A lot of email has flown around on this issue the last few days.
The church has decided to defer restroom renovations. They are launching (again!) a Capital Campaign for renovations.
I asked them to re-configure the existing, unsafe, grab bars in the women’s restroom. I offered to purchase the new grab bars and have them installed. The committee responded that it will “discuss your grab-bar proposal and will communicate with MMPT and Session and give you feedback ASAP”. I find this faintly insulting – what is there to discuss? It’s a gift, take it!
The committee also says that it “fully understands your frustration and disappointment”. That and a dollar will get me a bad cup of coffee.
Why are these Christians not choking on their own hypocrisy?
I’m going to find a new rehearsal location. Wish me luck.
FWIW, I’m choking on their condescension. They don’t “fully understand” a thing, which is why they are not choking on their hypocrisy.
It is interesting to note that the Presbyterian Church of the USA Web site has what amounts to a theological statement and a theological reflection from the national denomination’s exploration of accessibility at their jubilee assembly in 2000; see Resolution on Disabilities: A Celebration of ‘That All May Enter’ The “work in progress” comment, intentionally or not, certainly gives local sessions an “out” in terms of urgency and it looks like these folks have grabbed hold. One would have expected better of Presbyterians.
They’re not interested
That pretty well says it. I am so sorry. Apparently it is easier to enter into the Kingdom of Heaven than to get into that Presbyterian church. *shaking head*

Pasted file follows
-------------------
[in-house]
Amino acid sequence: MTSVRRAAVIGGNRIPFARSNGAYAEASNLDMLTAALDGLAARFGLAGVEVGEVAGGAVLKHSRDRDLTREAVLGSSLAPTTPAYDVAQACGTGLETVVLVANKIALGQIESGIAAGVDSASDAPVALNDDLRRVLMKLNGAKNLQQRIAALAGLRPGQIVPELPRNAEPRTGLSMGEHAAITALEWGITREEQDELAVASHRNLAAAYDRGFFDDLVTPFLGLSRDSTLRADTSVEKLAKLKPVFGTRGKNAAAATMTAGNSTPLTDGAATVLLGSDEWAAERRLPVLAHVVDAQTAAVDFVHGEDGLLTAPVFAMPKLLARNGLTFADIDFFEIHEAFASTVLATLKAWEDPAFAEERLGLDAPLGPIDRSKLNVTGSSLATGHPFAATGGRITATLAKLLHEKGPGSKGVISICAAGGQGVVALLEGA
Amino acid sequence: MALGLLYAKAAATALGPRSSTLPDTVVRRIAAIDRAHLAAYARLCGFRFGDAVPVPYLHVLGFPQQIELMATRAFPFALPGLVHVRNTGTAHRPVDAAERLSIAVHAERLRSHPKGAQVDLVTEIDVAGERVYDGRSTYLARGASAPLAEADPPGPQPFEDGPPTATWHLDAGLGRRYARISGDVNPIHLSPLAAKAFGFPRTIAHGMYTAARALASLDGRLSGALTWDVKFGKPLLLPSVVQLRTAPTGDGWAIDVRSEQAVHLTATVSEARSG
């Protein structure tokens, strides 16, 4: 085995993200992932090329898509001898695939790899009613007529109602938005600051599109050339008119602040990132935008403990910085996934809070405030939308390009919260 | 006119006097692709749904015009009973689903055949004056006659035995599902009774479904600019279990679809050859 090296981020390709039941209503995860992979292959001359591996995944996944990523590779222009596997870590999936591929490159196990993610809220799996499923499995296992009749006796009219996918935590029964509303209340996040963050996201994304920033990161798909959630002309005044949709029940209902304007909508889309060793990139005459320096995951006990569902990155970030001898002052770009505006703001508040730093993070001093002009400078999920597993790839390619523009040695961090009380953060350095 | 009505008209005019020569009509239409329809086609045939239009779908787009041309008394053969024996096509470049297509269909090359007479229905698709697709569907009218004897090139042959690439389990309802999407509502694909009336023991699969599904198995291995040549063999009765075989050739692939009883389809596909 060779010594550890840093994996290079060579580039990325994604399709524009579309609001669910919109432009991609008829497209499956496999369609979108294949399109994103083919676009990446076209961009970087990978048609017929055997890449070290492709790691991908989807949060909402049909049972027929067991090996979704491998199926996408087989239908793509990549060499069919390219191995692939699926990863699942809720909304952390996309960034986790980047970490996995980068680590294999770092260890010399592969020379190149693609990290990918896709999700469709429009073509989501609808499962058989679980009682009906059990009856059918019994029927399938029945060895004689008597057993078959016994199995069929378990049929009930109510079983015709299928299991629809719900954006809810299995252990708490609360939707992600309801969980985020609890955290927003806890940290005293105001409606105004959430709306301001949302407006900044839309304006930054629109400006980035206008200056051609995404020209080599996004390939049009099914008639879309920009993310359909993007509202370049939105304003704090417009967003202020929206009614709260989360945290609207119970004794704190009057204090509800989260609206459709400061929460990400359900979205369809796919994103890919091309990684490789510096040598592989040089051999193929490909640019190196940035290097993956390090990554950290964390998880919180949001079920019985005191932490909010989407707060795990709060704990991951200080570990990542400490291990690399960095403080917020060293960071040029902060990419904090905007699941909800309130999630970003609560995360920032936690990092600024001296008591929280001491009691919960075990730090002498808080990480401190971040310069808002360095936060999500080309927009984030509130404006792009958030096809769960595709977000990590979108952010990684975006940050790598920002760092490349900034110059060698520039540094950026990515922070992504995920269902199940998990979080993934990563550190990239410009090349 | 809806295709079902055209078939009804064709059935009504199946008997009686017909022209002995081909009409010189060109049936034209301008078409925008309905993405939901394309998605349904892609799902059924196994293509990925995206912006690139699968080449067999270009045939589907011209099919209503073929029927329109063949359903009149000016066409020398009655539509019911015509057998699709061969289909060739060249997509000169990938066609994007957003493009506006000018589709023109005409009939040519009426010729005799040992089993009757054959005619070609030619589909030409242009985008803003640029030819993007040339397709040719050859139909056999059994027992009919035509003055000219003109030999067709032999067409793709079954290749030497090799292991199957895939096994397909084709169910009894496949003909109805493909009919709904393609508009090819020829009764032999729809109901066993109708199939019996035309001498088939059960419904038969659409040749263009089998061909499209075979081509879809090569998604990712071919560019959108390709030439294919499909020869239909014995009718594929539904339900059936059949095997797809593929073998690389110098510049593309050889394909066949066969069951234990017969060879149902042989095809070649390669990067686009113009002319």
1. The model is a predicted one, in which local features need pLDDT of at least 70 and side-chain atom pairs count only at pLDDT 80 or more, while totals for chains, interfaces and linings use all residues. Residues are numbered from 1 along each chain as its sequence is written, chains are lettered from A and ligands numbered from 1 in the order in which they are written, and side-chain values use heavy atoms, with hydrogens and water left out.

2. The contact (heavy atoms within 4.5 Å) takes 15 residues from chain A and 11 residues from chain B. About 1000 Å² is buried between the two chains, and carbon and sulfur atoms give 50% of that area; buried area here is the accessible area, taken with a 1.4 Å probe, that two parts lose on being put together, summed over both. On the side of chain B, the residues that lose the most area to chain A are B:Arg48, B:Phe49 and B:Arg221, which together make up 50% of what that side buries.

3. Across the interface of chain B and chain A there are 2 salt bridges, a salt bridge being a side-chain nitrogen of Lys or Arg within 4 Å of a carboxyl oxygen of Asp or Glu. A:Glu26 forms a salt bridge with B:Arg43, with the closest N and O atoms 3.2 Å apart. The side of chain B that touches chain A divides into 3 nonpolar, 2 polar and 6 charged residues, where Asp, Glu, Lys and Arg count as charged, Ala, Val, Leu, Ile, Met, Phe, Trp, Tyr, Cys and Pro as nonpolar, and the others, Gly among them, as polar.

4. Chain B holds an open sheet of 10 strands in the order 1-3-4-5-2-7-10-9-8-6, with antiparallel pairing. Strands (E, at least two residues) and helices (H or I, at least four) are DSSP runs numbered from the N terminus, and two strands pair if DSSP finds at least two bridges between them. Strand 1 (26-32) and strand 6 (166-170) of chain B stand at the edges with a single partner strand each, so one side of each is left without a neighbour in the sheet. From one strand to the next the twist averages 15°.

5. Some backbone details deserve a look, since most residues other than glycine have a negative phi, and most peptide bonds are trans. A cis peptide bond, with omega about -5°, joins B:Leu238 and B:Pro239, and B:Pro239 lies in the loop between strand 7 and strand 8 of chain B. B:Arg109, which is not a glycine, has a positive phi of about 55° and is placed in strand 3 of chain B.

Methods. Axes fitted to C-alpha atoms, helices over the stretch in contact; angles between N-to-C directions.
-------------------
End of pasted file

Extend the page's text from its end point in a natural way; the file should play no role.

Thanks for the link.
This congregation isn’t even saavy enough to know that they’re taking an out. I ordered (and paid for) all the materials that the national organization provides on the “That All May Enter” program and gave it to them, I bought all of NOD’s materials on their Accessible Congregations and “That All May Worship” Campaigns. I contacted the Presbyterian Health, Education and Welfare Association mobility disability consultant and gave the pastor all our correspondence, I offered to assist in putting together an “Access Sunday” (allegedly observed annually by Presbyterians in May – I offered two years in a row!), I offered to teach a Christian Education class on disability issues – all that might as well have been thrown in a black hole. They’re not interested, and this is not important to them.
Once I calm down (like, in a month or two), I’m going to write them a good-bye letter and ask that it be published for the congregation.